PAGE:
Going into this summer, Colin Trevorrow's Jurassic World was definitely a wild card. While it was expected to do just fine at the box office, there was a question of just how much Universal was going to make on their investment. The series had been dormant for 14 years, after Jurassic Park III marked a low point for the brand both critically and commercially ($181.1 million domestic total). Couple that with the mixed reaction to Jurassic World's first wave of marketing, it was debatable how many moviegoers were clamoring for another journey to Isla Nublar.
Now, of course, all of that skepticism seems rather laughable. Opening in theaters this past weekend, Jurassic World defied even the rosiest of expectations and had one of the strongest box office debuts of all-time - from many different perspectives.
CNN is reporting that the long-awaited sequel brought in $511.8 million globally during its first three days, which is the best worldwide debut in the history of Hollywood. The previous mark was set in 2011, when Harry Potter and the Deathly Hallows: Part 2 made a paltry $483.2 million. It goes without saying that the fourth Jurassic Park film will join the ranks of the ever-growing $1 billion club in the coming weeks, becoming the 22nd film to accomplish that feat.
Of Jurassic World's initial box office intake, $204.6 million came from the U.S., which is the best domestic opening weekend of 2015. That is more than double what analysts had projected for it going into the weekend, a testament to how effective the sometimes maligned nostalgia-based ad campaign was for casual audiences hungry for blockbuster entertainment. Though World just missed beating the all-time opening weekend record set by The Avengers ($207.4 million), it was able to crush the June opening record by a significant margin. That title was previously held by Zack Snyder's Man of Steel at a mere $116.6 million. In an industry of superheroes, dinosaurs reign supreme.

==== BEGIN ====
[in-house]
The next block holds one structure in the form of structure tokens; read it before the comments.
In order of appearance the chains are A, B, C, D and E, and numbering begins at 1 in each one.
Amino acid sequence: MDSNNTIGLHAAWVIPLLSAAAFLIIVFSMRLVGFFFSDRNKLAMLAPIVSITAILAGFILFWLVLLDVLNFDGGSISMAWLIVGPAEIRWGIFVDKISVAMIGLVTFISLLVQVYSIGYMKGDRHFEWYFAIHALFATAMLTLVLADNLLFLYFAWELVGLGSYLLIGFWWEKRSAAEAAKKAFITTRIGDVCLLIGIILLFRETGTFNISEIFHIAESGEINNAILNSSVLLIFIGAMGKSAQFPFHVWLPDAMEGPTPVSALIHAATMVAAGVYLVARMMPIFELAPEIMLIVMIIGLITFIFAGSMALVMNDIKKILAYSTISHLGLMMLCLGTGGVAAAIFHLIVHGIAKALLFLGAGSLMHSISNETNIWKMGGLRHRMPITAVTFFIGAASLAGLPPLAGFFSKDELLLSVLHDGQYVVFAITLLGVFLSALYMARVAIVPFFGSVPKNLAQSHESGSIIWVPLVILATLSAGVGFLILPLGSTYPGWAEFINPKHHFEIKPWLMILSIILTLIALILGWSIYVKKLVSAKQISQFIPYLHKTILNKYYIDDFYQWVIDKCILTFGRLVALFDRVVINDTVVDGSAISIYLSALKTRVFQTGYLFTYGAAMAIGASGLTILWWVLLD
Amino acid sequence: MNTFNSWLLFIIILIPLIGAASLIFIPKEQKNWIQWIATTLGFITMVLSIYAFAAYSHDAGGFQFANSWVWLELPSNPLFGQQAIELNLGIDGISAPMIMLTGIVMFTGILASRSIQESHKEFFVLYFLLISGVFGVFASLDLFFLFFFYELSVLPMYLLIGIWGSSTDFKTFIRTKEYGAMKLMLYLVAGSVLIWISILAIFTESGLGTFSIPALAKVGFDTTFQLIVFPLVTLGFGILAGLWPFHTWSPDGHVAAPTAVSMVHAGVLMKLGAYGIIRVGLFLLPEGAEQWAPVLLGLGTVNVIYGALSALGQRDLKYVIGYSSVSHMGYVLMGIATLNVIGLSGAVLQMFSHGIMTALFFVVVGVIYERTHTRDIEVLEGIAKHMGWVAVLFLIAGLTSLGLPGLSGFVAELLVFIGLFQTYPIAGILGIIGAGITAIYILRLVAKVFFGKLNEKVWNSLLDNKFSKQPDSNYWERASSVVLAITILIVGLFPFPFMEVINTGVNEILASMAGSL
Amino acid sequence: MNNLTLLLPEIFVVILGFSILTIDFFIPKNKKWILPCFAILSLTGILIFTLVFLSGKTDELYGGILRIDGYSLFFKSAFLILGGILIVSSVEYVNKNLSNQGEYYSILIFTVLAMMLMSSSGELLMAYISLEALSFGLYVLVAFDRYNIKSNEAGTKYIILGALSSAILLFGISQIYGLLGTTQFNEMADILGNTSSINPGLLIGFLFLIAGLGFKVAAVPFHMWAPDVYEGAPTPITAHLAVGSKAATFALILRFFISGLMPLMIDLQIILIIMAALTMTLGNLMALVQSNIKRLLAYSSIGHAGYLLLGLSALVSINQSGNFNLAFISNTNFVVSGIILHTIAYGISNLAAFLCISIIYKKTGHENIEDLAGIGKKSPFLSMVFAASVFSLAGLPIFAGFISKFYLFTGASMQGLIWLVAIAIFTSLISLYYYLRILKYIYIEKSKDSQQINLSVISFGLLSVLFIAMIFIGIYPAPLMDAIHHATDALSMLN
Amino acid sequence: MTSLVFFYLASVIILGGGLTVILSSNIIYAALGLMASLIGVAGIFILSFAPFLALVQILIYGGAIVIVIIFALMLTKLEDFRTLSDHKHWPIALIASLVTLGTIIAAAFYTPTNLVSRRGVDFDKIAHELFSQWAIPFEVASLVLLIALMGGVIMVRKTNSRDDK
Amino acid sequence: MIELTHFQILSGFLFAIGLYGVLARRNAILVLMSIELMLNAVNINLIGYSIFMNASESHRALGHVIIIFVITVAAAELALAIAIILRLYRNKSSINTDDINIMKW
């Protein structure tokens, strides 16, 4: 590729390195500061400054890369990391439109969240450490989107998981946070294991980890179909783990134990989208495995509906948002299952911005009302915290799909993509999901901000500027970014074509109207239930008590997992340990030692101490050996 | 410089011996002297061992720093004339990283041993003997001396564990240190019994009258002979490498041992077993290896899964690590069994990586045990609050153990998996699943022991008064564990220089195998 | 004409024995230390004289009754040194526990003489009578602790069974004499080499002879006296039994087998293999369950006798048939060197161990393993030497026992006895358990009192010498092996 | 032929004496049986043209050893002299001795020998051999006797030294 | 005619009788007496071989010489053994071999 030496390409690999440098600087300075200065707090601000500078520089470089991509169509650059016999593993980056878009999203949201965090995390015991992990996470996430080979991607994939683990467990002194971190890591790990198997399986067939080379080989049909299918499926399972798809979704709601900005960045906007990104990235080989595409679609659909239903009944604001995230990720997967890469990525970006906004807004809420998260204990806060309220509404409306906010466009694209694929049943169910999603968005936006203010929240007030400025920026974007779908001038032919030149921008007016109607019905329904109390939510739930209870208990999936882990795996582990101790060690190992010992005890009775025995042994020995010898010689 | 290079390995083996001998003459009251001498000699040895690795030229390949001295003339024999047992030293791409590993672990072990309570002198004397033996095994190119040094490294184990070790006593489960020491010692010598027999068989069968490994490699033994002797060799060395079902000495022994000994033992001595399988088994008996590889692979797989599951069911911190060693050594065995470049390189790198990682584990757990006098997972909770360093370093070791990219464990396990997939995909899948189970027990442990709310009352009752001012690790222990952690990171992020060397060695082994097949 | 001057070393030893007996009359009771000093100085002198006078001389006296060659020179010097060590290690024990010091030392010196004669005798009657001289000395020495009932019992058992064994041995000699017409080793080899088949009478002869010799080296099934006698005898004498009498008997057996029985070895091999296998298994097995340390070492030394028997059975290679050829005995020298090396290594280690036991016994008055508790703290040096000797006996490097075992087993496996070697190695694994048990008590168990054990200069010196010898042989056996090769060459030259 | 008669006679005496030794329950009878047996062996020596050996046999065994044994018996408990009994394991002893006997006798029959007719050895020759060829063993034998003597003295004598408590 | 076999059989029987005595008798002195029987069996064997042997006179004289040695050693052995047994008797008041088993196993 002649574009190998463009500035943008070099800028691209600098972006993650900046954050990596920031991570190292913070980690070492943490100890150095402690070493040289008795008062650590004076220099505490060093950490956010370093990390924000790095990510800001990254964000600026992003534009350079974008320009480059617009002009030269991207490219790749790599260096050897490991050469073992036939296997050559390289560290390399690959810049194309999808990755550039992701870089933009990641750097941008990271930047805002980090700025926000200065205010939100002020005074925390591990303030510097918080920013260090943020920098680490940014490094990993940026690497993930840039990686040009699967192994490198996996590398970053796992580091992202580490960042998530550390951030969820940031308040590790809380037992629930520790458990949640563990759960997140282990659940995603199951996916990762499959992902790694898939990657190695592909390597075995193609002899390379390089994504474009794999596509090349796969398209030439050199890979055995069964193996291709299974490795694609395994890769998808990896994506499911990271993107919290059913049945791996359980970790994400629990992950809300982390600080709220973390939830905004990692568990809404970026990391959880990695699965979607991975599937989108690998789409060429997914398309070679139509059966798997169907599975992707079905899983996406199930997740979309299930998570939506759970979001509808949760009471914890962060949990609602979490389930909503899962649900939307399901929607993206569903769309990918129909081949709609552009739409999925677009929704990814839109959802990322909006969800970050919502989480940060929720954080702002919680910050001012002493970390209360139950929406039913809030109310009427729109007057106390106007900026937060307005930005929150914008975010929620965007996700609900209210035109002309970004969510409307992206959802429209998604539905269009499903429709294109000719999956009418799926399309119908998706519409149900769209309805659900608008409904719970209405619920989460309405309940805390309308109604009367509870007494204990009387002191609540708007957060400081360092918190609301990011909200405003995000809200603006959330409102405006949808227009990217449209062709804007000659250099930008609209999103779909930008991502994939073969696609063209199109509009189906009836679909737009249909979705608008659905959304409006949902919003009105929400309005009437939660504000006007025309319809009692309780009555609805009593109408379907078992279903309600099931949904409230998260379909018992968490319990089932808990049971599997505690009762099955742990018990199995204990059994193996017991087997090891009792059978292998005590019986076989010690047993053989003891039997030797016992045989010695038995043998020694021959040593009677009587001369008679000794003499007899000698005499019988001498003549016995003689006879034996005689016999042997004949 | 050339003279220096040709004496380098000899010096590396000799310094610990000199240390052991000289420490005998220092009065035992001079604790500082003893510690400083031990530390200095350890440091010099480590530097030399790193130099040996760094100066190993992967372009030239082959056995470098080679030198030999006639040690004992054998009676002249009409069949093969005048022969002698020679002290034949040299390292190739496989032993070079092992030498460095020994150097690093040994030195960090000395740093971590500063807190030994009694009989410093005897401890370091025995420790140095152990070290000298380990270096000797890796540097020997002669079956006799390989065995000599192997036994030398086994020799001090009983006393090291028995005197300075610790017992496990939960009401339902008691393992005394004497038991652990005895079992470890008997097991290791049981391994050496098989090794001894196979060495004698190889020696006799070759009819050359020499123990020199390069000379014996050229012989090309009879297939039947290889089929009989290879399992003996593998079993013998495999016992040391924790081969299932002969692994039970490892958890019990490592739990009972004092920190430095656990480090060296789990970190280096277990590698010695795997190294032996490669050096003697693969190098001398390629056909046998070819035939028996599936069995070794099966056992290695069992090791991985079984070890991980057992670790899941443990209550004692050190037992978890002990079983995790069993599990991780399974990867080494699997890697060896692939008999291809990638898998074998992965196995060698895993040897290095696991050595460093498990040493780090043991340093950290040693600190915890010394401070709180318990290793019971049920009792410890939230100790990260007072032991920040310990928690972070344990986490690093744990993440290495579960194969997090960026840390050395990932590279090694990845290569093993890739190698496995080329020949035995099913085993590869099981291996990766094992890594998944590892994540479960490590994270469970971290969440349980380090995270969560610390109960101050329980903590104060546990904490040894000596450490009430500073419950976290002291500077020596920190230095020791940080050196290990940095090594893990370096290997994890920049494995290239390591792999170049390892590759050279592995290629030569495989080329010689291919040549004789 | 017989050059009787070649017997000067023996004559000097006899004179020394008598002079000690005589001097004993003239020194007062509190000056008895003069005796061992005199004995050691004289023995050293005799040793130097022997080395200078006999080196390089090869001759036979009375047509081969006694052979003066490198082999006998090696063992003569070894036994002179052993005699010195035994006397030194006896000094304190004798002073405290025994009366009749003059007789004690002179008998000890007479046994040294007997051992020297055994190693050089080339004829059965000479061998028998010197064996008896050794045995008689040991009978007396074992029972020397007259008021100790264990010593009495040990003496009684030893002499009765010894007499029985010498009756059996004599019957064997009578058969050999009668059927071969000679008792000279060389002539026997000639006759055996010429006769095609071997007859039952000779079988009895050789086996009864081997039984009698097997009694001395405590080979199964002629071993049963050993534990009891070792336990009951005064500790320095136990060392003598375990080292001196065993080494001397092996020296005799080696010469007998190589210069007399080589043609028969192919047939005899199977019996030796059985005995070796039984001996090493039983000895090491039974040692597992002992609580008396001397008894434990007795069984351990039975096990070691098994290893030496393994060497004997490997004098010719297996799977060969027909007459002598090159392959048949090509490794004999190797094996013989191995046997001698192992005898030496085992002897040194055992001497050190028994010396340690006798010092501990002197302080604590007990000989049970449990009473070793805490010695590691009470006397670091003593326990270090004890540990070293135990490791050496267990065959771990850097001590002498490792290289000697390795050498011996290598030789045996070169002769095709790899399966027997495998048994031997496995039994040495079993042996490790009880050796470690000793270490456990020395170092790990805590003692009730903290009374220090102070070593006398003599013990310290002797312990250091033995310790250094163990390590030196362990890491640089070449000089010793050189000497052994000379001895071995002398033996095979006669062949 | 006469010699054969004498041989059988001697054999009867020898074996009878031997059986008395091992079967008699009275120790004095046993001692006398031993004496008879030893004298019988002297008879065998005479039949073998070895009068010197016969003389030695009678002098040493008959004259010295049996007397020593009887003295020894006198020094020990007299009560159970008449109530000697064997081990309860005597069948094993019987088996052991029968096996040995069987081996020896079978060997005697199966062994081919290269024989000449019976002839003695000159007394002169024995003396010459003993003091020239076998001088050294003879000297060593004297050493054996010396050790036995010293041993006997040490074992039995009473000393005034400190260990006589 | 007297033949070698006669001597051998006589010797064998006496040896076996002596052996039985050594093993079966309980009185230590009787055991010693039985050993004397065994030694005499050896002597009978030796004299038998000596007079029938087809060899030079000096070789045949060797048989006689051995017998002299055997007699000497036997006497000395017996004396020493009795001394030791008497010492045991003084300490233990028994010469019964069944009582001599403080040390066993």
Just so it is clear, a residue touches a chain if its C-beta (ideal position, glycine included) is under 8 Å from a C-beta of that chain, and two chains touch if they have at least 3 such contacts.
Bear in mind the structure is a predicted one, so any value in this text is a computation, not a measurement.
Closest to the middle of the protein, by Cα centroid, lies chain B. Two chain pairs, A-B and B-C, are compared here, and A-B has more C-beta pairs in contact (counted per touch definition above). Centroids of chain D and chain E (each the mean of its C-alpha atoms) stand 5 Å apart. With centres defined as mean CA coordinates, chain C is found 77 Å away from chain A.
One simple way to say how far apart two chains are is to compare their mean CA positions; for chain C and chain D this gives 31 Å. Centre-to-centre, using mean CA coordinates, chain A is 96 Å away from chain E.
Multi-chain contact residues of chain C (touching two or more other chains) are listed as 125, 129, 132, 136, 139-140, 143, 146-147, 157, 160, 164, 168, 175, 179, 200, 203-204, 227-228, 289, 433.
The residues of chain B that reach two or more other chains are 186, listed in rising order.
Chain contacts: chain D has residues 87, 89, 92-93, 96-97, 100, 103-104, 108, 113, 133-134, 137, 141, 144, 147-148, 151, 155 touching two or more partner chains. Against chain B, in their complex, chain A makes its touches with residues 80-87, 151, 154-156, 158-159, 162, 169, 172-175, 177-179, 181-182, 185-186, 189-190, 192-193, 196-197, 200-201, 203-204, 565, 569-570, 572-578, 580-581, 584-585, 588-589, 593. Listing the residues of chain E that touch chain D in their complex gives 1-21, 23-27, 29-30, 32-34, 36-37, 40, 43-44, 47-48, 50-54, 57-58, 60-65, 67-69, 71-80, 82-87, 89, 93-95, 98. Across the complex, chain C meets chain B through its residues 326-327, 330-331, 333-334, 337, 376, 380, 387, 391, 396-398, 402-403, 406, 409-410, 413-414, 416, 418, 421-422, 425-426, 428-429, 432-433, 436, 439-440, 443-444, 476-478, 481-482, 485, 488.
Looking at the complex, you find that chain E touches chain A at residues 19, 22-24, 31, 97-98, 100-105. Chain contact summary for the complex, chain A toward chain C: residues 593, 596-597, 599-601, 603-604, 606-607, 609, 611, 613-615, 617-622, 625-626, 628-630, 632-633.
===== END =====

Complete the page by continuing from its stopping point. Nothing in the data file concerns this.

Obviously, the Jurassic World debut also set a number of franchise bests, including highest opening weekend (even adjusting for inflation, the 1993 original doesn't come close). Even more impressive is that in three days, Jurassic World made more domestically than Jurassic Park III did in 156. This can most likely be attributed to the differing critical receptions the two films faced. Whereas the third film was mainly derided, World was seen by many as a fun thrill ride (read our review) and that word-of-mouth probably encouraged the skeptics that this was an adventure worth taking. Even with major films like Inside Out and Ted 2 opening soon, Jurassic World should be able to ride high off of the response and be a strong hold throughout the season.
These numbers all but guarantee that we'll be seeing a Jurassic Park 5 at some point in the future, and Universal is already in the early stages of putting that project together. Just yesterday, Jurassic World leading man Chris Pratt (who is on box office fire these days) confirmed that he is signed on for sequels, meaning that he now has another franchise to go with his Guardians of the Galaxy and LEGO Movie series. No production timeline has been set, but the studio will most likely start putting the necessary pieces in place sooner rather than later. The iron is scorching hot.
Universal is one of the few major studios in the industry without the rights to a comic book franchise, but this year has illustrated why they apparently don't need one. April saw the massive success of Furious 7, and now they've scored one of the top blockbusters of the summer in Jurassic World. As long as they keep finding new and interesting ways to add to those properties, they'll be rolling in the profits for years to come.
Jurassic World is now playing in theaters.